Rene Thompson wonders about the hazards of owning a Jesus action figure.
A reminder from Rene's Blogger profile: "One side of the family was Baptist, the other was Methodist, my parents converted to Judaism and sent me to a Catholic school. This basically means I can guilt in three different languages."
And an astute holiday observation: Talking Jesus Action Figure Sells Out At Walmart
Human-resources challenged Walmart was proud to announce that they have completely sold out of their latest acquisition, a talking Jesus action figure.
Now far be it from me to question other's religious commercialism but isn't having an action figure of your deity fraught with danger? I mean once the initial glow recedes and the kids sweetly read Bible stories with Jesus a couple of times, aren't you likely to have uncomfortable situations? Who wants to hear, "Johnny, come get the dog, he's chewing on Jesus again!" Or discover that the three year old wanted to see if Jesus really could walk on water and you have to explain to the plumber why Christ is firmly lodged in the toilet? How long will it be before ministers will have to deal with hysterical children who buried Christ in the backyard, waited for him to rise at Easter and now can't find him?
It could be me, but I think this may be one of the reasons there's a commandment against this sort of thing.
While Steven Thompson reminisces about the Silver Age with a long lost Challengers ad.
Now, I do believe that all good men are not misled by macho sayings about who stands behind whom in a relationship. Most good men I know tell that it is behind every successful woman that you'll find a good man. Whichever the true order, I'm willing to bet that Rene and Steven Thompson stand side by side in their endeavors, which is evident in their respective blog commentaries.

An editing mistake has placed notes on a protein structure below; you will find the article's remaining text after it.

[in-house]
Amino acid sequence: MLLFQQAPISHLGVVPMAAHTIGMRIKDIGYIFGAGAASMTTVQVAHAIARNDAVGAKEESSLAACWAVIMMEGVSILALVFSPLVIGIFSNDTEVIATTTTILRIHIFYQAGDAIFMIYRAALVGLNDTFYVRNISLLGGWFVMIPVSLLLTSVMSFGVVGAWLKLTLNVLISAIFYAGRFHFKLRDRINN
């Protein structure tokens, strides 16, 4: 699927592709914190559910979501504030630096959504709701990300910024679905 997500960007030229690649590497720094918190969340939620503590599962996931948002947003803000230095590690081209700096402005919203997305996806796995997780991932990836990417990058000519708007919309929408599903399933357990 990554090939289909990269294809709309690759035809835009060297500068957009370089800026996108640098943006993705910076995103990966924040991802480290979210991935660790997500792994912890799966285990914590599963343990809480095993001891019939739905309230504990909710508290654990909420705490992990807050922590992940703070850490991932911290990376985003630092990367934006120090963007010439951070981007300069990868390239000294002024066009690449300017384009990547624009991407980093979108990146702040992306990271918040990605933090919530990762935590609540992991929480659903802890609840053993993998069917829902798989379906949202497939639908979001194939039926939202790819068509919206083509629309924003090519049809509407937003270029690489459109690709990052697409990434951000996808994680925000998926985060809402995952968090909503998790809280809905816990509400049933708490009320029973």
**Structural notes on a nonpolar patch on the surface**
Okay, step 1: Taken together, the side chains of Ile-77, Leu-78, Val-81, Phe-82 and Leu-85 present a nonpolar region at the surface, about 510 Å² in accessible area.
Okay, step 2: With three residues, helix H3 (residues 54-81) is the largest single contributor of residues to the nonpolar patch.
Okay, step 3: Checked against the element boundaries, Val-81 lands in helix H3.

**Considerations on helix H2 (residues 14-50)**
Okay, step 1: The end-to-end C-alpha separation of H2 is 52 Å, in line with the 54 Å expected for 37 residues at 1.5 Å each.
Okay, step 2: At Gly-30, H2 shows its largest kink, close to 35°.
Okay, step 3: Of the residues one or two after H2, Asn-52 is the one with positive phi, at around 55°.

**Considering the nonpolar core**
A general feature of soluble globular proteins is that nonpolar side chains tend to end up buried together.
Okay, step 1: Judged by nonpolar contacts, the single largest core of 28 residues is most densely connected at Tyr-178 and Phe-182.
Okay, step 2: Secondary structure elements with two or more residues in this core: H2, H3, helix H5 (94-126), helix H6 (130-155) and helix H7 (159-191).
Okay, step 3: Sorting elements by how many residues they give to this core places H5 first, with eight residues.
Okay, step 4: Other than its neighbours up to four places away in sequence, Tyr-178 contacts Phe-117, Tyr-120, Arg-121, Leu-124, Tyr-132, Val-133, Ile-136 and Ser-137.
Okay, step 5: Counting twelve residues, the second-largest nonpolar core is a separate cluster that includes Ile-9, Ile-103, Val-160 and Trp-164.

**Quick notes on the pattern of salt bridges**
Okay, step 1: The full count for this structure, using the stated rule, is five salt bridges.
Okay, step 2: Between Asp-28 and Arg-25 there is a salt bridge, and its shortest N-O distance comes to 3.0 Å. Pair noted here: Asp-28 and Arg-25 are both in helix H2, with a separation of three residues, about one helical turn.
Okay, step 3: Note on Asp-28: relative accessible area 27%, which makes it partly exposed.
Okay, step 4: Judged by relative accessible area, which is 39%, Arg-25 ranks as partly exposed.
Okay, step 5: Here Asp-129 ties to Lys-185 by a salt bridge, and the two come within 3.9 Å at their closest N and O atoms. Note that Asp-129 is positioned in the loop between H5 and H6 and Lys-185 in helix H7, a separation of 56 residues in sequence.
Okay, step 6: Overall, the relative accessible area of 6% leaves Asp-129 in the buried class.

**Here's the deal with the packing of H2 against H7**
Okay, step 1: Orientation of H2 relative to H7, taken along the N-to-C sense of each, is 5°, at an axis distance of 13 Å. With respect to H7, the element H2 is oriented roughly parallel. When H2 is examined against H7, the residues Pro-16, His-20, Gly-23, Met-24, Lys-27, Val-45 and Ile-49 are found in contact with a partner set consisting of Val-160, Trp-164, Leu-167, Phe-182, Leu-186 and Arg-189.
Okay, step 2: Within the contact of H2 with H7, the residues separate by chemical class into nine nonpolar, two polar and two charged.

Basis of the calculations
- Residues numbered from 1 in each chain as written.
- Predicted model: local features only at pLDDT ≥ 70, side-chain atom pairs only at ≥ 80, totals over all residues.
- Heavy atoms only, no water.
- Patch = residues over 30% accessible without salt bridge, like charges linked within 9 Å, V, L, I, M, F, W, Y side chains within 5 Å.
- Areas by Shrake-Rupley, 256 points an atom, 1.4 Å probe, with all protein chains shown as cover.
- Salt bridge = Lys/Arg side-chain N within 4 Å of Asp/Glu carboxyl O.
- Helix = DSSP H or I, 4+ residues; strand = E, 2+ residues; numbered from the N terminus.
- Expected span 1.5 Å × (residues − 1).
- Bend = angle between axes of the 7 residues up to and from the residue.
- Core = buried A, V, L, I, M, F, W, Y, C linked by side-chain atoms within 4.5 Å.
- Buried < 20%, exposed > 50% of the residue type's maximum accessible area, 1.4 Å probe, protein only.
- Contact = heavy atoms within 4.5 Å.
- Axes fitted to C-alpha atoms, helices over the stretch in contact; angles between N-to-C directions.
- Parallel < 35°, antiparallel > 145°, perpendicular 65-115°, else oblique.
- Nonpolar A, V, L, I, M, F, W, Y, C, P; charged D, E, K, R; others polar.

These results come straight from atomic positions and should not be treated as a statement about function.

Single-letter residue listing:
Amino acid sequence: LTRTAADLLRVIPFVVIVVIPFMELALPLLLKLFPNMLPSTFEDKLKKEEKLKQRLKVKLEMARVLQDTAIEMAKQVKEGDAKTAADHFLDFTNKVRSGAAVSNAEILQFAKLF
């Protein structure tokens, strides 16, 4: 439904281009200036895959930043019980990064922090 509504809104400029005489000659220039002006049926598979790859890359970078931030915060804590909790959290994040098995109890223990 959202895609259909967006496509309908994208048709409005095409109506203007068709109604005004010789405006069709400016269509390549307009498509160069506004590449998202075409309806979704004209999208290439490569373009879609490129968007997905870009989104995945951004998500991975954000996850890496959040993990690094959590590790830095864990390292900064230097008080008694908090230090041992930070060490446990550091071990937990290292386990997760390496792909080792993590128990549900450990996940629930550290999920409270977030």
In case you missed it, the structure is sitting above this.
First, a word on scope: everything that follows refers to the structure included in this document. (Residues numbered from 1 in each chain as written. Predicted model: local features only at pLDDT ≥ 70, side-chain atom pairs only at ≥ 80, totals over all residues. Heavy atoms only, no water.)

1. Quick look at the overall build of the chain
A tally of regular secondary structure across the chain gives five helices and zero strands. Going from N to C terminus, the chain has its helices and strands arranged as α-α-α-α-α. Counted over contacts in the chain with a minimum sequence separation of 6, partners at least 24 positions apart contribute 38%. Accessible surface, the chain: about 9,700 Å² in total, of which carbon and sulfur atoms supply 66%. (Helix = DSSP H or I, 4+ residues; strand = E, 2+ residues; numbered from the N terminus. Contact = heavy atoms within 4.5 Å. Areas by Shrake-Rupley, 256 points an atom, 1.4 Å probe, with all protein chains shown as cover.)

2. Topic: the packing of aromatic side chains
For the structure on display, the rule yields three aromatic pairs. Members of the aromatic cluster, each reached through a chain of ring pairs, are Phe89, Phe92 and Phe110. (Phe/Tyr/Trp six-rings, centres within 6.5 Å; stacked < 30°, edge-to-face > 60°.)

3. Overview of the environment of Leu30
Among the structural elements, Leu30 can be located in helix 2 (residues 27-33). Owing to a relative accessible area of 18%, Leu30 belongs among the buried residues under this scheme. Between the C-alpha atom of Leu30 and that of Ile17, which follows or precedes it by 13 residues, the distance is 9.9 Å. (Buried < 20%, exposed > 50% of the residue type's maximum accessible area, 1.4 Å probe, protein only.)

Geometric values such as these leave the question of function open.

Rene's sharp socio-political opining in View from the Sandbox is exquisitely complimented, and vice-versa, by Steven's wonderful reminisces from a seemingly endless library of cultural memorabilia in Booksteve's Library. In the case before us, he gives due homage to departed king of comics art, Jack Kirby, through an ad he plucked from his shelves, announcing the debut of Challengers of the Unknown in their own title. Challengers Ad.
I have been just amazingly enjoying the new BRAVE AND THE BOLD series by Mark Waid (the true keeper of the silver age flame) and the ever amazing George Perez. One of the many highlights is the best-in-decades portrayal of Jack Kirby's CHALLENGERS OF THE UNKNOWN. Here's an ad for the Challs first getting their own mag way back when.
Interesting about this ad (right), beyond the timelessly classic art, is seeing the original Challengers logo entirely engulfed in black, unlike its open background as used in the comics themselves. Perhaps a premonition of the slight modernization to the logo I performed (left), during my brief stint, penciling two issues of Challengers in 1976.
Steven and Rene Thompson. Side by side on the blogoshpere.